One of the presentations I gave this summer was at the Massachusetts Association of Vocational Administrators using my vocabulary sort as a framework to talk about Modeling InstructionTM. Because the presentation was a chemistry lesson, a woodworking teacher asked for concrete ways the pedagogy could be adapted for a vocational classroom. I turned the question back to him and asked “what topic do you consistently teach that your students still struggle with?” All the teachers in the room: woodworking, plumbing, child care, cosmetology, electric, all responded in a resounding voice “measurement.”
As high school teachers, we know that understanding how measurement works is crucial for lab skills and for understanding significant figures. We think measurement should be an easy topic for students to learn; especially because we know that teachers begin working with students in elementary school to teach these skills. However, I, and many other teachers, have spent countless hours teaching and reteaching a seemingly simple skill.
This year I tried something different. As I had done in the past, I had students fill out a worksheet where they recorded measurements of various scale readings (see figure 1).
Figure 1: Unit 1 Worksheet 2, Scale Reading^{1 }(Modeling Instruction^{TM}, American Modeling Teachers Association)
Instead of collecting the work to correct outside of class or reviewing the correct answers as a class, I had the students write the answers on the blackboard. After the students put their answers up on the board, we went through the problems together and tried to determine which answers made the most sense.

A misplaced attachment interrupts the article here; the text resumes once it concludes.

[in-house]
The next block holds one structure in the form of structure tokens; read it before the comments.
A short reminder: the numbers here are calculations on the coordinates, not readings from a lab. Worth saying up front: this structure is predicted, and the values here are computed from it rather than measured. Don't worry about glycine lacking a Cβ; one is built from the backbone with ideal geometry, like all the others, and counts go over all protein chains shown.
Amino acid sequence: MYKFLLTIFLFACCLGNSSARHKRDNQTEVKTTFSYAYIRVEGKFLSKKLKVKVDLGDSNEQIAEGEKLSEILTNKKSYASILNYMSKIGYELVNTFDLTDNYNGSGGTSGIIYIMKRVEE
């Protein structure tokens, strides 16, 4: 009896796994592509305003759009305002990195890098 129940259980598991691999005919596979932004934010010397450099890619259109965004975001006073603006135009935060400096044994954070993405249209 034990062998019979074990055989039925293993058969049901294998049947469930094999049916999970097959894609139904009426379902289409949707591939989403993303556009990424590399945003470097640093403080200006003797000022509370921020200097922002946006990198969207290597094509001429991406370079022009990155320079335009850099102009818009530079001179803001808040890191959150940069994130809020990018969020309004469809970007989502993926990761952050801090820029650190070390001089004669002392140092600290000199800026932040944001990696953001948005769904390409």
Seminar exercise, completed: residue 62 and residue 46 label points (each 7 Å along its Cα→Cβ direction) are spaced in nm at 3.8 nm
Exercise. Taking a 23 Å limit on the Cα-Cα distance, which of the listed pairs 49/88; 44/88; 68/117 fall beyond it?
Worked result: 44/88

For the first problem, student answers included 9, 8 15/16, 8.9, 8.95 etc. At first we agreed that the answer could not be nine because the arrow was clearly before the nine. After we agreed on that, I erased all the answers that began with a nine. Then we discussed what system of measurement we should use; whether the imperial system or the metric system. Looking at all the measurements, students determined that as a class we needed to use the metric system, so we erased anything that was based in inches.
But how did we know what the “right” measurement was? As a class, we looked at the measurements and tried to determine what the next digit was. Students agreed that it was after a decimal point and discussed what answers were reasonable. They agreed that 8.8 was reasonable as was 8.9. But if we didn’t know for sure what the number was in the tenths place, how could the number in the hundredths place mean anything?
After this activity, the students gained a better understanding of measurement. But would it stick with actual lab data? The next day, I set up a variety of pieces of lab equipment and had students write down their measurements on small whiteboards. When they finished, they could look at the measurements and see what the similarities and differences were (see figure 2).
Figure 2: Students completing measurements
Though students still made a few errors, there was a better sense of how to measure and how to use that skill in and out of the lab.
Having a strong introduction to measurement, the next step in the bigger conversation about significant figures went much easier than in past years. If we can measure to a level of uncertainty, then we can apply the concepts to the calculations instead of just memorizing a set of rules.
Reference

Unit 1 Worksheet 2: Read Scales. American Modeling Teachers Association, 2013.
NGSS
Analyzing data in 9–12 builds on K–8 and progresses to introducing more detailed statistical analysis, the comparison of data sets for consistency, and the use of models to generate and analyze data.
Analyzing data in 9–12 builds on K–8 and progresses to introducing more detailed statistical analysis, the comparison of data sets for consistency, and the use of models to generate and analyze data. Analyze data using tools, technologies, and/or models (e.g., computational, mathematical) in order to make valid and reliable scientific claims or determine an optimal design solution.